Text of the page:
The Blenheim Ginger Ale Company has been bottling since 1903, the third year of Teddy Roosevelt’s presidency. Blenheim is older than the SOS signal, the Trans-Siberian railway, Pablo Neruda. Its creation predates by nearly two decades the collapse of the Ottoman Empire. Americans working on the Panama Canal probably didn’t drink it, but they could have.
For its first ninety years, Blenheim was made and sold in Marlboro County, South Carolina, a jagged puzzle piece on the state’s northern border. Named for the town where it was born—itself named for Blenheim Palace, built by the 1st Duke of Marlborough and, eight generations later, the birthplace of Winston Churchill—Blenheim was the result of a Carolina doctor’s scheme to veil the taste of the mineral water he prescribed for stomach cramps. Though the bottling operation moved a county over in the mid-’90s (landing at the South of the Border Tourist Complex in Hamer, Dillon County), the ingredients used today are ostensibly the same as in 1903: sugar, water, and a healthy dose of secrets. Among its many charms—including a video tour of the manufacturing plant that feels, in both its production values and soundtrack, strikingly like porn—the Blenheim website makes opaque references to the “fiery soul” of ginger. Beyond that, we’re left to guess.
Not that it really matters. At its spiciest (both “hot” and “not as hot” versions are available; Tim’s party featured hot), Blenheim is the kind of existential culinary experience that leaves no room for questions. To drink it in less than ideal circumstances—after a poor night’s sleep, for example, or in an imperfect state of concentration—is to invite an aggressive physical reaction, and not just coughing. The sinuses buzz and start. The eyes pour water. The urge to sit is palpable. Taken correctly, on the other hand—with bread and a deep breath—Blenheim feels at times like a religious experience: ginger ale as transubstantiation, ginger ale as social justice. If that first swallow was rough going, well, of course it was.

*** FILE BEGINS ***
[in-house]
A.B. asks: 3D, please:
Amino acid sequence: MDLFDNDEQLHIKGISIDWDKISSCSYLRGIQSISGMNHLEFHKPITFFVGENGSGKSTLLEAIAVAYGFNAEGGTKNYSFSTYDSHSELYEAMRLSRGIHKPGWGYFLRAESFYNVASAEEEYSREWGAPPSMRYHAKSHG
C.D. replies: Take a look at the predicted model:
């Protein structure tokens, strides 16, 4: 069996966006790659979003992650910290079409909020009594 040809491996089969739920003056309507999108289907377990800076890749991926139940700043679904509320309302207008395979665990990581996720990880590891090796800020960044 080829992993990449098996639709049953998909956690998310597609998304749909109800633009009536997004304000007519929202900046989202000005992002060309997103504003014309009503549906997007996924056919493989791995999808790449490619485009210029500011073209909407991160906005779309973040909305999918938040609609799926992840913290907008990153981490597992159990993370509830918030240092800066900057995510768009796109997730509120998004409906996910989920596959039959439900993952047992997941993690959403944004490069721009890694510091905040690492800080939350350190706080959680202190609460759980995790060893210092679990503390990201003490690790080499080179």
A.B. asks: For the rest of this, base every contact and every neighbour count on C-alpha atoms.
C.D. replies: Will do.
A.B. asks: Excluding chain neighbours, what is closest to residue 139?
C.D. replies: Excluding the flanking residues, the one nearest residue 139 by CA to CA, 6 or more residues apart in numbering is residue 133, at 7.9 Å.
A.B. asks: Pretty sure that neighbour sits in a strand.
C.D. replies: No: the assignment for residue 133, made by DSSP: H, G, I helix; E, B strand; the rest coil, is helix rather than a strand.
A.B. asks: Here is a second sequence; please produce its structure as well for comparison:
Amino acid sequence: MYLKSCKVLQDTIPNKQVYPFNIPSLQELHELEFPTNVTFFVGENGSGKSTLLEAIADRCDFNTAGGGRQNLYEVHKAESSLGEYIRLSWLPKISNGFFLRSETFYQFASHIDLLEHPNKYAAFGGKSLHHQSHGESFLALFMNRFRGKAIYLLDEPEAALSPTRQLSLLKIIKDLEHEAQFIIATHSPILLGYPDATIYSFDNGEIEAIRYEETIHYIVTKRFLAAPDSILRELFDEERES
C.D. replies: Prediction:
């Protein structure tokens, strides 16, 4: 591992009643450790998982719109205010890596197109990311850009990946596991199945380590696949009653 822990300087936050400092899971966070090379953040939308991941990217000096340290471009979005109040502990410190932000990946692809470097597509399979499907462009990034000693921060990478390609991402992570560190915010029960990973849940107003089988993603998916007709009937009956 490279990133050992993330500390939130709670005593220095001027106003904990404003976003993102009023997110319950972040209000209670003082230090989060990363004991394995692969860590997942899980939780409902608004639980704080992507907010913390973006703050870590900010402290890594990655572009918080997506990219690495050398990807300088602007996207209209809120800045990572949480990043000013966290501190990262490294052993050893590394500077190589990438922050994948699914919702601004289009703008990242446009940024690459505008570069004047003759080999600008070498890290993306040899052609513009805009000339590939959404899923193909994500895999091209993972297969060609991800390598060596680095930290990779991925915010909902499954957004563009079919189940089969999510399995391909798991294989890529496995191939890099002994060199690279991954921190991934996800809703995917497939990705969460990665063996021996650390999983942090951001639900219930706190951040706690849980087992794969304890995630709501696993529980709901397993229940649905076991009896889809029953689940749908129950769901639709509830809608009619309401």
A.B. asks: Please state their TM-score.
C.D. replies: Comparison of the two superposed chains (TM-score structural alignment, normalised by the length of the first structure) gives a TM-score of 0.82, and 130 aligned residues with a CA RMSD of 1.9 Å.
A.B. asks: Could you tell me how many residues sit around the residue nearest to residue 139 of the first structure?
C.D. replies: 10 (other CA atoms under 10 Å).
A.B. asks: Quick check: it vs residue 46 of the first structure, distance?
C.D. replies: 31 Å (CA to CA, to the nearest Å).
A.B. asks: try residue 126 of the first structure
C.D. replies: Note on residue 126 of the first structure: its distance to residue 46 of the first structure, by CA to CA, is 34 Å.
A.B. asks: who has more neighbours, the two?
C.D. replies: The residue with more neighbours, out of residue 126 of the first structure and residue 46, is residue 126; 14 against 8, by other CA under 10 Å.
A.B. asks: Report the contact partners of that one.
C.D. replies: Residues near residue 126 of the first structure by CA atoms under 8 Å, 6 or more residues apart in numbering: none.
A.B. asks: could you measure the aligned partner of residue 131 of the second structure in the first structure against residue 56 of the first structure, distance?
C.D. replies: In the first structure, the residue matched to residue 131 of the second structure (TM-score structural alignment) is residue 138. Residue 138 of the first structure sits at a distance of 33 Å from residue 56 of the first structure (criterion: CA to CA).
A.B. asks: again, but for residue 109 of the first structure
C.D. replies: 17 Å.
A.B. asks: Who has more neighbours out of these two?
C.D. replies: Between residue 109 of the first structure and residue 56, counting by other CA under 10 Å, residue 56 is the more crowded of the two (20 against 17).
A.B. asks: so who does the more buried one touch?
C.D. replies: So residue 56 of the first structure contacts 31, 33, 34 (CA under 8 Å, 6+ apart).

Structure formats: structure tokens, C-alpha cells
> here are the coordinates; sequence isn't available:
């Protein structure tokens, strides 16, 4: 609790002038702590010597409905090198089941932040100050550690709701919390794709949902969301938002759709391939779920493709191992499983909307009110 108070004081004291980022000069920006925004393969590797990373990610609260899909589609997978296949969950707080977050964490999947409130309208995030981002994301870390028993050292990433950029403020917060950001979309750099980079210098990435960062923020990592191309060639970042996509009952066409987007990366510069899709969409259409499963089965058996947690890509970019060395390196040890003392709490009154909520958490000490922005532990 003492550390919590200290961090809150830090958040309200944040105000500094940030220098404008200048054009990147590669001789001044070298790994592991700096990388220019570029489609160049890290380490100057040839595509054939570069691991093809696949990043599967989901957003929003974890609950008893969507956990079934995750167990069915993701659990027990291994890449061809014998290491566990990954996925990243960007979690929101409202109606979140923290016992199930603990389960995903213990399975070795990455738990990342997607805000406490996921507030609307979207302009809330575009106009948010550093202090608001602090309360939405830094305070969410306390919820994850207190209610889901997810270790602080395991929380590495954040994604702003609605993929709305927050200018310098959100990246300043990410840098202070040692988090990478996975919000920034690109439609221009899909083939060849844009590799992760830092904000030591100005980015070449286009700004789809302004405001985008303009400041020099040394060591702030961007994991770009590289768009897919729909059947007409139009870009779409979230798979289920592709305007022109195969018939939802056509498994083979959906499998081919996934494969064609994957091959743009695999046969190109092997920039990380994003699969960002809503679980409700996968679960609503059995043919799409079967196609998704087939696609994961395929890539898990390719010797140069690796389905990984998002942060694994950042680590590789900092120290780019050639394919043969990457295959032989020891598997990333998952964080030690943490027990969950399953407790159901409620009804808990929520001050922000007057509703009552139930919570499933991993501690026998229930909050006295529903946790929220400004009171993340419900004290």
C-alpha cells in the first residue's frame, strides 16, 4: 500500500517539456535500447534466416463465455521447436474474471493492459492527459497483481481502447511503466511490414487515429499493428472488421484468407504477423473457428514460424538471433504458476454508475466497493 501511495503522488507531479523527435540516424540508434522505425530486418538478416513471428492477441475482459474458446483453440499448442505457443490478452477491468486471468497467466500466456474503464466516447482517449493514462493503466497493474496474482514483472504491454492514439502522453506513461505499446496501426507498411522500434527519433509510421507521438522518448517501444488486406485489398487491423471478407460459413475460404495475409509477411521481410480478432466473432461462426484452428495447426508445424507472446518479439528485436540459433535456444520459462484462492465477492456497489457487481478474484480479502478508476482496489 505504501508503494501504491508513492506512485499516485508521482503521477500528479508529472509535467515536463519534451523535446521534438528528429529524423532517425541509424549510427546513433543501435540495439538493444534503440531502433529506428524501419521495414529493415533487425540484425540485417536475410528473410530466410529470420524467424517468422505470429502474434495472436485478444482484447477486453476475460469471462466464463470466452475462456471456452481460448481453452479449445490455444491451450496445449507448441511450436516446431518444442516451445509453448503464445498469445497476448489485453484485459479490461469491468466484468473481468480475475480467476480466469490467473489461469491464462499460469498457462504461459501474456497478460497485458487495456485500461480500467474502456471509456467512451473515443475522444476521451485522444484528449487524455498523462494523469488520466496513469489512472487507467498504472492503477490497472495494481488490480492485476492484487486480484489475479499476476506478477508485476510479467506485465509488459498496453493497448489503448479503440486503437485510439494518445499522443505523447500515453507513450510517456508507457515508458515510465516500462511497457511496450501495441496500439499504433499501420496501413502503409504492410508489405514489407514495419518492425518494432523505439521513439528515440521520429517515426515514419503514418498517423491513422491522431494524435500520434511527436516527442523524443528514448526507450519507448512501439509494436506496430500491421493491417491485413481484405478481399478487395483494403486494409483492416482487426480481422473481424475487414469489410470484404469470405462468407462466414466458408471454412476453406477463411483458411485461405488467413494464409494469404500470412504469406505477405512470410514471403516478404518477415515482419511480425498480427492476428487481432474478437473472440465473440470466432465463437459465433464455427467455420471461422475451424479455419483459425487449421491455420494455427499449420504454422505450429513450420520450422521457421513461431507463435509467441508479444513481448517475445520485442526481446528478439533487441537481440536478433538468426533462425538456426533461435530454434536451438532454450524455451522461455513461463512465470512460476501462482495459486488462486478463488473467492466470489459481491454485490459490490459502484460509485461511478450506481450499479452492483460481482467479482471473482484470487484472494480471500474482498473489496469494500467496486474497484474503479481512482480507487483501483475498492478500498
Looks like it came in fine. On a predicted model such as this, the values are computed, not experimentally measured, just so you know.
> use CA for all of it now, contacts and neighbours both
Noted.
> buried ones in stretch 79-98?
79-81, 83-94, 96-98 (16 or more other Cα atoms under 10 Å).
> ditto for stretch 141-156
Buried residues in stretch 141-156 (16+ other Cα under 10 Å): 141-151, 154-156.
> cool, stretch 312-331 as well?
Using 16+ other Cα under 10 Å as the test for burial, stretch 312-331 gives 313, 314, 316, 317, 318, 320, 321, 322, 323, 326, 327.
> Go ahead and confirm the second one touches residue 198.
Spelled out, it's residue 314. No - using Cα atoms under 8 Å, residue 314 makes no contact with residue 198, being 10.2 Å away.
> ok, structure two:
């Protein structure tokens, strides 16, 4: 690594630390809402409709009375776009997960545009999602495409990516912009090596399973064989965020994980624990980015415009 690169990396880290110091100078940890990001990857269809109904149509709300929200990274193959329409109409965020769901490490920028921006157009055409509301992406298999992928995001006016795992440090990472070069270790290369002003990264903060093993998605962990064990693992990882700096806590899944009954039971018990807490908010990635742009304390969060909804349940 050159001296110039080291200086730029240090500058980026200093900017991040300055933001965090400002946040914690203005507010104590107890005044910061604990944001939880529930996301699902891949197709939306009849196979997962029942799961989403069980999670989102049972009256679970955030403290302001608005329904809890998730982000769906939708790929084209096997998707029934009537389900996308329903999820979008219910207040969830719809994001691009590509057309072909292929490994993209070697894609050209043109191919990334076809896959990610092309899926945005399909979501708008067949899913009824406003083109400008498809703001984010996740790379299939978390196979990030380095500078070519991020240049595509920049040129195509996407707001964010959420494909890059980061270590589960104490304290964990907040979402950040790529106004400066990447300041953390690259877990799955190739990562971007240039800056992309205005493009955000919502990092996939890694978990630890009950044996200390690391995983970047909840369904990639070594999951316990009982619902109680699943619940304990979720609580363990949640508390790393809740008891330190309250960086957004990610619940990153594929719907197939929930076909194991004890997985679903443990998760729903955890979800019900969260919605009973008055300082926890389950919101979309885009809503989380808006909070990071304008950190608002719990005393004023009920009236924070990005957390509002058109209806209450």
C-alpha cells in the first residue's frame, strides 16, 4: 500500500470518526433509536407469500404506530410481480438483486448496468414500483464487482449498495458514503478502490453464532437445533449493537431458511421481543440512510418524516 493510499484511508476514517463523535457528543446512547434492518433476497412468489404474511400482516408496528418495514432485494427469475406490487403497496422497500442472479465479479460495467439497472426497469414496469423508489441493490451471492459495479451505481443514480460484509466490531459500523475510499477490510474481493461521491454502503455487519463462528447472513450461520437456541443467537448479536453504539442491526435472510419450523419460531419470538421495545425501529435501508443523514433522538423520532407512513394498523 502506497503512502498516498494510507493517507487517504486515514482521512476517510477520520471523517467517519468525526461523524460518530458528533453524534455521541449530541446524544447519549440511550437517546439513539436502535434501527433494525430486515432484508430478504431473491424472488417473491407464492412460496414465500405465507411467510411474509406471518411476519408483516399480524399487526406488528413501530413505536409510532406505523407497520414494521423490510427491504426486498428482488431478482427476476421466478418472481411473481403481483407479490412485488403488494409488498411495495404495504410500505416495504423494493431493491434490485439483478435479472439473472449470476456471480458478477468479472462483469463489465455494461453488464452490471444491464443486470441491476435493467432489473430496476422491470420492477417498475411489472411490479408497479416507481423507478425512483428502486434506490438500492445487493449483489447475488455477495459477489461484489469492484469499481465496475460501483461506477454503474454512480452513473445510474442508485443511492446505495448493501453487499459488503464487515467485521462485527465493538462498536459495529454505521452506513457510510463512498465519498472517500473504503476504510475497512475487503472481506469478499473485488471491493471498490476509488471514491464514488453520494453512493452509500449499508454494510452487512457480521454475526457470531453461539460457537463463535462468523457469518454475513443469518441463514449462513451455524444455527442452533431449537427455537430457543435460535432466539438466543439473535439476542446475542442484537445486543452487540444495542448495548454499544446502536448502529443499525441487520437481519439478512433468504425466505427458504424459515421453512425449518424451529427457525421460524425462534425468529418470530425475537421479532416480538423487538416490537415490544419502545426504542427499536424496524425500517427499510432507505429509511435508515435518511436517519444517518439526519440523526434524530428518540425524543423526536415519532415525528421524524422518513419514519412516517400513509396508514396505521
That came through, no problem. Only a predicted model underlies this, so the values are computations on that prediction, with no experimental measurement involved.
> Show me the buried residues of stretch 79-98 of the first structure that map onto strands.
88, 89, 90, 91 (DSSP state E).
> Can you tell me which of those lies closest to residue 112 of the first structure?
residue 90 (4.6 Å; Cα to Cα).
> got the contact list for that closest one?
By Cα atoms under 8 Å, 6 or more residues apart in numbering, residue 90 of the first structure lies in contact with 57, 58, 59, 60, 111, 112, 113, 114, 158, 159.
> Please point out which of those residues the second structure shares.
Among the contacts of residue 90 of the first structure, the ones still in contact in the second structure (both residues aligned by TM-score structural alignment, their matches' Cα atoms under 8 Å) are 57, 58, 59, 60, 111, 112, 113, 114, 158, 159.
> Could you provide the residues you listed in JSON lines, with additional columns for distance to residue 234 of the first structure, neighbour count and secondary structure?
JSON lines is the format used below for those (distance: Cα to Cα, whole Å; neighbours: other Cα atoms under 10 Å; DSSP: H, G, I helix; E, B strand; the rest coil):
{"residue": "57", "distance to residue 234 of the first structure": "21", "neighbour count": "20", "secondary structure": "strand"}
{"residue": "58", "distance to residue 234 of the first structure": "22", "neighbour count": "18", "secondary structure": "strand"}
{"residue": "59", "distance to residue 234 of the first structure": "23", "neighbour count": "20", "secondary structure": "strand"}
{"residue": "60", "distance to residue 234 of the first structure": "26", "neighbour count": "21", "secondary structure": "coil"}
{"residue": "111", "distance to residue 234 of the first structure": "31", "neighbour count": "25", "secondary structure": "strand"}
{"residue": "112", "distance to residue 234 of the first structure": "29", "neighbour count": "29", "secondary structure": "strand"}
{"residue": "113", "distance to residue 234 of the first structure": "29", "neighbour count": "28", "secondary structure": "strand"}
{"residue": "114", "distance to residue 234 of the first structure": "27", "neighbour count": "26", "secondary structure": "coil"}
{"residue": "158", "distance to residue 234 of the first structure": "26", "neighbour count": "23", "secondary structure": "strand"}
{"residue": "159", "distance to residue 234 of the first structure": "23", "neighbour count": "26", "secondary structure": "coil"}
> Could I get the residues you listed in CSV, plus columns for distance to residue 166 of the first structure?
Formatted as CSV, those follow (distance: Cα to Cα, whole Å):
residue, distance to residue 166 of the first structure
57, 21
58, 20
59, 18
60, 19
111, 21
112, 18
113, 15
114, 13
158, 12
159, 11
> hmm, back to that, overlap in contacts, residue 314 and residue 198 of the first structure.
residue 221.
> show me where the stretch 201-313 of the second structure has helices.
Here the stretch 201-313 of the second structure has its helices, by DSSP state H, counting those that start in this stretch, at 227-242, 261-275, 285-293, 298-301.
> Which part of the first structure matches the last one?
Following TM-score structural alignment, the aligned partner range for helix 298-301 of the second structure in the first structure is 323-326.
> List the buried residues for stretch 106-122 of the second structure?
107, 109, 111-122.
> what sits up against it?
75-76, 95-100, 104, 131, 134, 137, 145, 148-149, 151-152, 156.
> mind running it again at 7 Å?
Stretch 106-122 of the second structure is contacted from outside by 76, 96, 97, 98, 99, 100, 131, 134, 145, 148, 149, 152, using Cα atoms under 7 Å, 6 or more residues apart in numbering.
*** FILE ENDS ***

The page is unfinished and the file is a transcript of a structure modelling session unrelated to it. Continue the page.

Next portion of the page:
More than a decade since my first sip, Blenheim has become something of an emotional lodestone for me, a reminder of the happy past. Like a well-tuned piano, it makes much out of disparate elements: spice, naturally, but a separate acidity, too, accompanied by the barest hint of tartness. Even the bottle feels exactly right: thick and weighty, substantial—as if to protect the contents, or the drinker. I still choke up sometimes when I sip it, but mostly now on purpose.
A few years after the tasting party, I was a graduate student at New York University, a Southern boy lost in almost every sense of the word. Pining for home, or some piece of it, I tracked down a Blenheim distributor in Chelsea, determined to buy as many bottles as they would sell me. An hour later, hauling my purchase onto the subway, I caught the eye of a fellow passenger, a homeless man with a gentle, almost childish face. His eyes were wide with disapproval as he told me, “Boy, you shouldn’t nearly drink so much.”